[edit: removed the direkt link to fanlib.com; no need to up their google ranking] The FanLib discussion has finally hit metafandom; tomorrow it should be all over LJ.
My first reaction when I read about it on fanthropology last week was: knee-jerk unease and skepticism. Now that I've checked out the site and a little of the debate, my response is: yet more unease and skepticism: the whole thing makes my hair stand on end. Can't help it, it smells of exploitation and viral marketing... some entertainment business folk trying to get their foot in the door and cash in on things that we do for free, driven by nothing but love for a story or a fictional character.
One problem is that it's a multifandom fic archive that's owned by people with no roots in fandom and no real understanding of our particular community and subculture.
The site's slogan is: "The world's greatest fan fiction by popular demand." That's the kind of marketing lingo that goes over really well. I did some browsing through the fic that's already up... can't say I'm impressed. Small wonder, it's a non-selective archive, of course they can't have 'the greatest'. Come to think of it, it's that bubbly, hyperbolic marketing-speak that's responsible for much of my knee-jerking. All this talk of 'exciting' or 'grand prizes' sounds, I don't know... artificial.
From the press release:
The launch of FanLib.com represents the coming of age of fan fiction, or "fanfic."*twitch*
"For my most passionate fans, reading isn't enough—they want to extend the story, to put their favorite characters in new situations," said Scott Westerfeld, New York Times bestselling author of the Uglies trilogy. "FanLib.com helps these readers find each other and gives them a space to share what they've created."What would we do without them.
I think what I find most disturbing (not getting into the complete lack of women - or anyone with any fannish history - on the board) is this part:
FanLib.com launches with co-promotional partners including HarperCollins, Penguin Books, Showtime Networks, Simon & Schuster, and Starz Entertainment. The launch partners are heavily featured and have customized marketing integrated on the site while providing promotion for FanLib.com.The whole issue of copyrights and licenses is completely unresolved, yet here's a for-profit enterprise who're completely upfront about their intention to make money from the site. (note: I do think it's a good thing that they're upfront about it, but that still leaves the problems inherent in it.)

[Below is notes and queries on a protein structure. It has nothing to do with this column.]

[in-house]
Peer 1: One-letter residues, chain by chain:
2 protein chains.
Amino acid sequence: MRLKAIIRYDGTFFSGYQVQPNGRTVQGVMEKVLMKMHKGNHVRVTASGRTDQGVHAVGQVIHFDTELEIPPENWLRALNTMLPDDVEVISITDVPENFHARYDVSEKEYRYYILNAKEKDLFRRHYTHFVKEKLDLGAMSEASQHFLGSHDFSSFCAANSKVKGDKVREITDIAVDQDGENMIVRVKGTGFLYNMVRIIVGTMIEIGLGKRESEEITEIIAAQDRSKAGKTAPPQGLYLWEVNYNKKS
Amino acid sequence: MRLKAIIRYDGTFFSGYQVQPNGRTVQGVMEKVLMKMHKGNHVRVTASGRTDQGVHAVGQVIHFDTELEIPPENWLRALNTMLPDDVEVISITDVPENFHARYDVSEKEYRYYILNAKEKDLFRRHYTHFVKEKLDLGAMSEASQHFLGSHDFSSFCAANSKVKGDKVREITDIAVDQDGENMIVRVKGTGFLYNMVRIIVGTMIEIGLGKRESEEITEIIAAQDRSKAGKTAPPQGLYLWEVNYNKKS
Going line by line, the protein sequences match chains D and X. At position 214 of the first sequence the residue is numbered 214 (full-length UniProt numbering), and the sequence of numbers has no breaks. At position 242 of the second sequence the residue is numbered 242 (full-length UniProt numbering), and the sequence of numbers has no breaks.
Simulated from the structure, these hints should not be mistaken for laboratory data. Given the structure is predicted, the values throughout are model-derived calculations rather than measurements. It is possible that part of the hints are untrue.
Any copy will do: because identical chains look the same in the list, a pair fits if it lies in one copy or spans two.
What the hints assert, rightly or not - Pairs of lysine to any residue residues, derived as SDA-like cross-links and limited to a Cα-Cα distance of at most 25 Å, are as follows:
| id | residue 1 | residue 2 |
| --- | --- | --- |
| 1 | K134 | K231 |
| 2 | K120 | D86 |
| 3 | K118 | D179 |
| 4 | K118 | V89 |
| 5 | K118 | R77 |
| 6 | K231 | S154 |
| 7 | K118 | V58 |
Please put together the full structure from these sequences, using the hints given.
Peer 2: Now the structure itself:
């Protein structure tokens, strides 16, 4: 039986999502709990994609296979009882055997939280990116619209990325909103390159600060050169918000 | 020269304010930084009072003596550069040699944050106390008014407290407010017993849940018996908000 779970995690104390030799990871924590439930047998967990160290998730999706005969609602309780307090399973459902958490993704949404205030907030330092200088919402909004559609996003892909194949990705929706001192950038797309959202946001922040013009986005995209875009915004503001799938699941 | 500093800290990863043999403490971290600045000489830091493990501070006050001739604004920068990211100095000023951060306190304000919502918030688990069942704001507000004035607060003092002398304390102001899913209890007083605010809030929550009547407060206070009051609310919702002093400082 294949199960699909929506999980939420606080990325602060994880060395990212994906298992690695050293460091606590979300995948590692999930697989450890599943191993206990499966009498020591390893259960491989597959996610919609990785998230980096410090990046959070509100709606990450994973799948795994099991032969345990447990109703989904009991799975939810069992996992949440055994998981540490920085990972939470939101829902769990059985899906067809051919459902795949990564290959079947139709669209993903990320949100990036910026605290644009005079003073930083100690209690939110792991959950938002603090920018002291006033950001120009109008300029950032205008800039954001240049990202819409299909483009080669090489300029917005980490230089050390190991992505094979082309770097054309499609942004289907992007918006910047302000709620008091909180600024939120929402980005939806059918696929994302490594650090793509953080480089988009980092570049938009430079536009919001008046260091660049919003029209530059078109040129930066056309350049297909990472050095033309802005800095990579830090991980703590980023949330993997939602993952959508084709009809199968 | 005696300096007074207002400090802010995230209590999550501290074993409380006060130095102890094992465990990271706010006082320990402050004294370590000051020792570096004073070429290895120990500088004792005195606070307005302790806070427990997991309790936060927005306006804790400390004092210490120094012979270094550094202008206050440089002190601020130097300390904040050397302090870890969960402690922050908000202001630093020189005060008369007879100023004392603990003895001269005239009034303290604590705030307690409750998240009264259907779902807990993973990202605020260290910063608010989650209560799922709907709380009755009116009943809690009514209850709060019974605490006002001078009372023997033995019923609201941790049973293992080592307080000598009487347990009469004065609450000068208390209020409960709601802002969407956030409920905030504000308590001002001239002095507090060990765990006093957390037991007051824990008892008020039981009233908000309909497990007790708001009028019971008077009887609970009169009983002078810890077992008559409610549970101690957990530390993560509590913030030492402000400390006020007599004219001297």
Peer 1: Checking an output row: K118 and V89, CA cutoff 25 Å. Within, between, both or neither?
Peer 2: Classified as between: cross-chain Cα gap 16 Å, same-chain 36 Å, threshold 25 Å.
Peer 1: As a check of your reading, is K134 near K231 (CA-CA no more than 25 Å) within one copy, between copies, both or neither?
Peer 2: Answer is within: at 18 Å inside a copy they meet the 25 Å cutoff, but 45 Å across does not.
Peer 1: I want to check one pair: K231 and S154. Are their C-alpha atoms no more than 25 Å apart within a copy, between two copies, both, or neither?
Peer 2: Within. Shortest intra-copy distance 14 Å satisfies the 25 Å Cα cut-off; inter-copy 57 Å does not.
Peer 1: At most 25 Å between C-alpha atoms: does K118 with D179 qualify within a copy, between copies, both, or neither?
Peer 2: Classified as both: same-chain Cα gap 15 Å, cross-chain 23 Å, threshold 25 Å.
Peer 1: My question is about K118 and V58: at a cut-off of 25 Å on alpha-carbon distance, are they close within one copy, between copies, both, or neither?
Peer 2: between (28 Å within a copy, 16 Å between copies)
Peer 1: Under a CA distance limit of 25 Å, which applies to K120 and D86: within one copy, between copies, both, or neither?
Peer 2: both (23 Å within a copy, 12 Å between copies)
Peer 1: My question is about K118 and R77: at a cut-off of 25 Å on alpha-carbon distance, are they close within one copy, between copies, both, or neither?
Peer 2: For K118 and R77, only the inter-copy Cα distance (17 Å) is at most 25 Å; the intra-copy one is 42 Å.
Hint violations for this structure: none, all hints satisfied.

The thing is that because of said partnerships with some publishers or networks, one could get the deceptive impression that the fic on the site has TPTB-approval. If you look closely, nowhere does it say that the actual copyright holders have given their okay. Of course they haven't... and if they had it'd be a huge thing that we certainly would've heard of.
Fanfic has always been denied real recognition and Fanlib isn't changing that. It gives an illusion of recognition and legitimacy, but not the real thing. I doubt they would provide the fic writers with any kind of protection from charges of copyright infringement.
All that said, I actually like the site itself. Don't look at me like that *g*. It's a bit too flashy for my personal taste but it's obvious there's a lot of effort going into designing and maintaining it. Maybe it'll catch on. Maybe the license thing won't be an issue. But fact is that a) the people making money off it are neither the writers nor the copyright holders, but a third party, and b) we're left in just the uncertain legal position we've always been in. I do have trouble imagining how it is supposed to work. I'm really unclear on the legal implications.
I just know that this is as far from 'flying under the radar' as it gets. They had a *press release*, for Pete's sake.
[eta: by angiepen: Browsing the FanLib TOS. Interesting, to say the least.]
[eta2(May18): FanLib Emerges From Stealth Mode with $3M in Funding and Big Media Sponsors
quote: "This is one niche site that has a lot of support and will do well capitalizing on existing communities around media for an extended period of time."
... no comment.]
[eta3(May19): From BusinessWeek (MARCH 13, 2006): Putting The Fans To Work
choice quote"The genius of FanLib is realizing that fans can be happy just being recognized."